OAC: What, or who, inspires you to create?
AR: Many people inspire me. Bruce inspires me as he has overcome much from being a child in the 1950’s with being on the autism spectrum and with dyslexia and the learning difficulties he had, which in those days was just assumed as a lack of intelligence.

Having lived in Cleveland now for 8 years, I am amazed by the talent and vibrancy of the arts here in Cleveland. There are so many people from so many backgrounds creating art and this inspires me. 

OAC: When you first began creating greeting cards, did you ever imagine it would lead to exhibitions (across the county no less!) of limited-edition prints and canvases?
AR: No. After my second surgery when pain and depression was taking hold of me, Bruce encouraged me to try to use some of the limited time I could sit at the computer to make greeting cards utilizing images from his collection of vintage advertisements. This is how I first began learning Photoshop.

At this stage, it never occurred to me this would lead to me becoming an artist. If you told me when I first started with the cards that someday not only would you be an artist but that also your art would be exhibited in the Frost Art Museum, a building I was project architect on, I would have said no way.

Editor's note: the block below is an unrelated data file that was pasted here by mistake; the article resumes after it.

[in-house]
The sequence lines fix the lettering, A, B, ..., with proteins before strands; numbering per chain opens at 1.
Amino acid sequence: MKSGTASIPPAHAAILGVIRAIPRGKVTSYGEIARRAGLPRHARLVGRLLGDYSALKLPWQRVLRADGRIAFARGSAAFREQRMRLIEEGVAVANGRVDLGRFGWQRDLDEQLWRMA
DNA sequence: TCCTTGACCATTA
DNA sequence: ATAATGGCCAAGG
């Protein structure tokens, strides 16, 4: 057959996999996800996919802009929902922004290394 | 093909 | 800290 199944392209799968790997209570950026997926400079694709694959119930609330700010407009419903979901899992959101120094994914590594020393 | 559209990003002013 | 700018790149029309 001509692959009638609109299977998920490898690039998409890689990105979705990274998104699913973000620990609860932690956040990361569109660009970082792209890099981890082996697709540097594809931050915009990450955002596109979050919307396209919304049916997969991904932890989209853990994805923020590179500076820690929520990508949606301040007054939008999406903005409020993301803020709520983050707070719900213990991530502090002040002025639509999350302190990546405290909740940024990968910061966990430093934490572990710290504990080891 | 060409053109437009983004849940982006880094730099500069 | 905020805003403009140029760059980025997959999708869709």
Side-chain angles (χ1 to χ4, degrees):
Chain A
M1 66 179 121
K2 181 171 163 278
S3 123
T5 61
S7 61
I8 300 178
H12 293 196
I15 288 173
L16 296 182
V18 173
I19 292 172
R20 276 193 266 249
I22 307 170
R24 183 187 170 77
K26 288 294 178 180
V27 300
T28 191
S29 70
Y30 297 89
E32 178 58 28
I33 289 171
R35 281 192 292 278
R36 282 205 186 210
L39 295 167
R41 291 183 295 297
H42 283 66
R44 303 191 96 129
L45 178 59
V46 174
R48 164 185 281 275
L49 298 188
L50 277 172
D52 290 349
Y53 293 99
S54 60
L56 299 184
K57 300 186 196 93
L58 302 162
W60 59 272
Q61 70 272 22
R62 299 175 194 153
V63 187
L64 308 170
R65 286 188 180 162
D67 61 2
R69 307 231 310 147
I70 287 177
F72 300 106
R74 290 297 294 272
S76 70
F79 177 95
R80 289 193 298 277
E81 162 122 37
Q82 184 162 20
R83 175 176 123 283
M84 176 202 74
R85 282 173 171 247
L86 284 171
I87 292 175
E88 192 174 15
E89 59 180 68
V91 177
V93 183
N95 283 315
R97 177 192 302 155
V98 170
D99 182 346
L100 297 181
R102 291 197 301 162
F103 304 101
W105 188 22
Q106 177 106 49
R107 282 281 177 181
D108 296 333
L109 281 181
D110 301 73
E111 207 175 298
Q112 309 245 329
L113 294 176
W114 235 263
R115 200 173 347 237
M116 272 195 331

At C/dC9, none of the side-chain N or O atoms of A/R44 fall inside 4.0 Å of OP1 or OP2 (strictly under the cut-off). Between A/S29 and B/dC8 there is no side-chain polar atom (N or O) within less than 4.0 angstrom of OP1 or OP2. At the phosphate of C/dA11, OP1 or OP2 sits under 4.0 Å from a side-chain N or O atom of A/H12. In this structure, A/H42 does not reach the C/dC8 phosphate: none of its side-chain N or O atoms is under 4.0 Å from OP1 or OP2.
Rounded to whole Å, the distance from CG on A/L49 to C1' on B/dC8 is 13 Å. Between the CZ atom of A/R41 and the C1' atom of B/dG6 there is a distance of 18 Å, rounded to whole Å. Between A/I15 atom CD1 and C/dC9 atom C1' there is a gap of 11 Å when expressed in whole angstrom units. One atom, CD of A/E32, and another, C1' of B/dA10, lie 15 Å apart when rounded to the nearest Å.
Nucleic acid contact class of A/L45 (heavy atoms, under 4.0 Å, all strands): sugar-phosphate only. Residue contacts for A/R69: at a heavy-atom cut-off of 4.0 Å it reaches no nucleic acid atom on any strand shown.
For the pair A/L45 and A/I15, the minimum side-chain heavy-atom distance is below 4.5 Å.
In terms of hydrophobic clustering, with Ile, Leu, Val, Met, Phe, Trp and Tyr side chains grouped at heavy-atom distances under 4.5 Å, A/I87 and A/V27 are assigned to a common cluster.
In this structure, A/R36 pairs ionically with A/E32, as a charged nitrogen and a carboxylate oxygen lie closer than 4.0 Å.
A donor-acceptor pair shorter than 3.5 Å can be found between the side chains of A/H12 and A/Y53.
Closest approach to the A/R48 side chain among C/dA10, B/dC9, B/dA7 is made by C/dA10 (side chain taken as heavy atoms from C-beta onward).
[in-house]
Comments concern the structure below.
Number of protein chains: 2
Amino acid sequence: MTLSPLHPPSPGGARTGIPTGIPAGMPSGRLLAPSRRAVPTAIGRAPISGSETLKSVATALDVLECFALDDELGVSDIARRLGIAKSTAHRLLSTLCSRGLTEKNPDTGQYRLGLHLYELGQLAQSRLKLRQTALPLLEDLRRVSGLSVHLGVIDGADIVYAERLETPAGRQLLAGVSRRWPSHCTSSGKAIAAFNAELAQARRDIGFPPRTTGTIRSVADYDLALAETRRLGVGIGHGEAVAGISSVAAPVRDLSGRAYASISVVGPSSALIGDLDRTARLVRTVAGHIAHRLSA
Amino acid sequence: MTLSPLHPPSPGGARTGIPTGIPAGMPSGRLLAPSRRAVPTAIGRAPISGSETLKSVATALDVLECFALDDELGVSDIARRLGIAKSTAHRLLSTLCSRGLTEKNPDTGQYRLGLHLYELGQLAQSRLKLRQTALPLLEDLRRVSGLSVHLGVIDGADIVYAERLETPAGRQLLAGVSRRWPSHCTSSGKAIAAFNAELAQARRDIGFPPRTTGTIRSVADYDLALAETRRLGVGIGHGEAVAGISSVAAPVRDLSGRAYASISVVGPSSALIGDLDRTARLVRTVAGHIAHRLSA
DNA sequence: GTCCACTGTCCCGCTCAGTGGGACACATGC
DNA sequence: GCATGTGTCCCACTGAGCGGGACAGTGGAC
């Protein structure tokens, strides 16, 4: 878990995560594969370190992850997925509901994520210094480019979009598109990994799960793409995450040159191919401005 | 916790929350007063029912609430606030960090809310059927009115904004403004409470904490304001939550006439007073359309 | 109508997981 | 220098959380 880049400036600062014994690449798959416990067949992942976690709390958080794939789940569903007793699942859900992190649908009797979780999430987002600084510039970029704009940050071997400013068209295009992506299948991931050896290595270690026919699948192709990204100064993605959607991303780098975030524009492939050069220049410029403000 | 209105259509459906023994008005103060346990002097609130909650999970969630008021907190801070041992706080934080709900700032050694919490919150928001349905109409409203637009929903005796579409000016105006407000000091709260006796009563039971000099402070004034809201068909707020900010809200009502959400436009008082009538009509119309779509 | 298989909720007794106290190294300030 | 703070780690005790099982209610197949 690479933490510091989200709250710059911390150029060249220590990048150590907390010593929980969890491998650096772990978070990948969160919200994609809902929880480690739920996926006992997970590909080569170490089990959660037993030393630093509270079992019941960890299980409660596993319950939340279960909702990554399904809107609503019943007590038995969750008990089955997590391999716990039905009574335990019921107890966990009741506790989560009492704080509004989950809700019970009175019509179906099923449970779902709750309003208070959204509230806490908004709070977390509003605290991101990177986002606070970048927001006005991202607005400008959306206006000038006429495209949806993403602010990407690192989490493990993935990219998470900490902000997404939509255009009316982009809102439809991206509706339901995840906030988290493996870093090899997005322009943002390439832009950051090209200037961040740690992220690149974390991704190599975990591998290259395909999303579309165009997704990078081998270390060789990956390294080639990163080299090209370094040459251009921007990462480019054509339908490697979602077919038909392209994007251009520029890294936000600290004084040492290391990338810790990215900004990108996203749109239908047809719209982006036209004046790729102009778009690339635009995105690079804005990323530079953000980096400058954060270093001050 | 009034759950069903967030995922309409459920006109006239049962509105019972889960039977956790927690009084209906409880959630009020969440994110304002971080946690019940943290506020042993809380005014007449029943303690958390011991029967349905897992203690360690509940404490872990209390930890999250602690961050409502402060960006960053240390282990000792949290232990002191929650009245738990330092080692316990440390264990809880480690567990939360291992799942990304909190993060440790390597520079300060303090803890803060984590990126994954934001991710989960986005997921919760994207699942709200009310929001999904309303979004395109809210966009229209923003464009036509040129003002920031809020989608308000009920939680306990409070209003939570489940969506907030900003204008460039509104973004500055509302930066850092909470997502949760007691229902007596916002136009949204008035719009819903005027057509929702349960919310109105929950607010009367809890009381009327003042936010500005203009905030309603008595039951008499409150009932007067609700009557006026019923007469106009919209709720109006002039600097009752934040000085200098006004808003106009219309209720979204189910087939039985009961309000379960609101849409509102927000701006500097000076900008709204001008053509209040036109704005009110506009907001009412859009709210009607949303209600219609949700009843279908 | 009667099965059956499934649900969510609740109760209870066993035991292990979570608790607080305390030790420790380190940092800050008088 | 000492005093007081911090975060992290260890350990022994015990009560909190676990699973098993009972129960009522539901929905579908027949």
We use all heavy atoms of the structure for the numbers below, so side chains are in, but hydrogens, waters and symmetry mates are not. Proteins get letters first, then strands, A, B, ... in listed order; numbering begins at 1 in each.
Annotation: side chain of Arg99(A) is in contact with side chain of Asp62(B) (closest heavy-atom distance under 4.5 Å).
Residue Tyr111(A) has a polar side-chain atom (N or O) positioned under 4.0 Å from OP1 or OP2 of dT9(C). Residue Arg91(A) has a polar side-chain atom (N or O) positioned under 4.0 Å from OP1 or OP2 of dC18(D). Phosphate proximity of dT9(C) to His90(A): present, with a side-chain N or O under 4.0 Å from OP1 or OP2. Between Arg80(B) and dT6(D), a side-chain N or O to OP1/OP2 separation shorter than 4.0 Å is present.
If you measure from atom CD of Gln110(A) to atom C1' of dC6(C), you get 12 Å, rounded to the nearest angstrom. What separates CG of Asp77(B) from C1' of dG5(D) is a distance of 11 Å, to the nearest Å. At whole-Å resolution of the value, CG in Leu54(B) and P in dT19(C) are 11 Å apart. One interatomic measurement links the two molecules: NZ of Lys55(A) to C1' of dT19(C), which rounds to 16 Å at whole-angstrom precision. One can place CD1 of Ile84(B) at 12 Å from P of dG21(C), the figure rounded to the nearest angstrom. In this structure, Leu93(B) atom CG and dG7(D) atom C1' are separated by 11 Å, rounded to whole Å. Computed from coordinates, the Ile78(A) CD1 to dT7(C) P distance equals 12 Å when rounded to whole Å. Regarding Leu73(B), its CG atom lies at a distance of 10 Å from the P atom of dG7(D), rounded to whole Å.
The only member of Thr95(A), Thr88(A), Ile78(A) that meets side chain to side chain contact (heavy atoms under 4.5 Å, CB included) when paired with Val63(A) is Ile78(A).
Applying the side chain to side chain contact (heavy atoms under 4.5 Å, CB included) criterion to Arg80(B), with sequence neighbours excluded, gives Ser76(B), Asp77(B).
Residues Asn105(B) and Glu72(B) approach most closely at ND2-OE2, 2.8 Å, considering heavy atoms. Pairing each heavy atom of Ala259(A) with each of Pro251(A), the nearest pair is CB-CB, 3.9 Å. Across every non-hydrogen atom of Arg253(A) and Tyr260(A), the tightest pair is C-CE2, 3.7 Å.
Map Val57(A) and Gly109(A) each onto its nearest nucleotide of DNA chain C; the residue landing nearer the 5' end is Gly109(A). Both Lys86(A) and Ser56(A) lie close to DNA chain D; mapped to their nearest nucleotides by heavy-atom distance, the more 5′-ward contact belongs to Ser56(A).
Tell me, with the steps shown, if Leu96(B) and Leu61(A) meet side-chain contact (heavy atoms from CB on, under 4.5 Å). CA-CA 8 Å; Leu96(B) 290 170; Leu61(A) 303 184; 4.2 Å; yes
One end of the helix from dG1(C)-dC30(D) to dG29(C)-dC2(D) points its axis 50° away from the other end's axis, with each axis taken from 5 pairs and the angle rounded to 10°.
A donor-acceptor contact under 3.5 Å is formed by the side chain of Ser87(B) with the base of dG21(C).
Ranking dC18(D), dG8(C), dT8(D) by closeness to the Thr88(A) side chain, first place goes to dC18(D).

OAC: On your website, you talk about how creating art has assisted you with managing pain. Can you expand on that?
AR: When I first began making the cards you asked me about, the idea Bruce had was that the exercise of making the cards could give me an outlet for my creativity that would not be beyond my physical abilities. I would take different images and graphics from the vintage advertisements and put them together and create new images from them. But as I became more comfortable with Photoshop, something happened I can’t explain. I started making art. It was like an explosion of creativity. At first I didn’t realize it but what I was doing was art therapy.

The pain is there, but it pushes it to the background and I sometimes have brief moments where it almost disappears and those moments are golden. And there is also a psychological component to making art that is very therapeutic when coping with pain. When completing an artwork I feel a sense of accomplishment which is an empowering feeling and gives me a sense that I can control my destiny instead of the pain controlling me.
OAC: When you think of, “arts and accessibility,” what comes to mind?
AR: Due to the ADA, as an architect, I understood the importance of accessibility in buildings. Sometimes accessibility is handled well and incorporated seamlessly into the design of a building, but sometimes you’ll see a building that looks like accessibility was designed as an afterthought, stuck on because the law requires it.

This lack of sensitivity has always bothered me. So when I think of arts and accessibility, providing opportunities to the disabled to have access for opportunities to create in all the art disciplines should someday be seamless where the disabled can contribute and thrive and where all barriers dissolve away. 

To learn more about Andrew and view his work, visit andrewreach.com.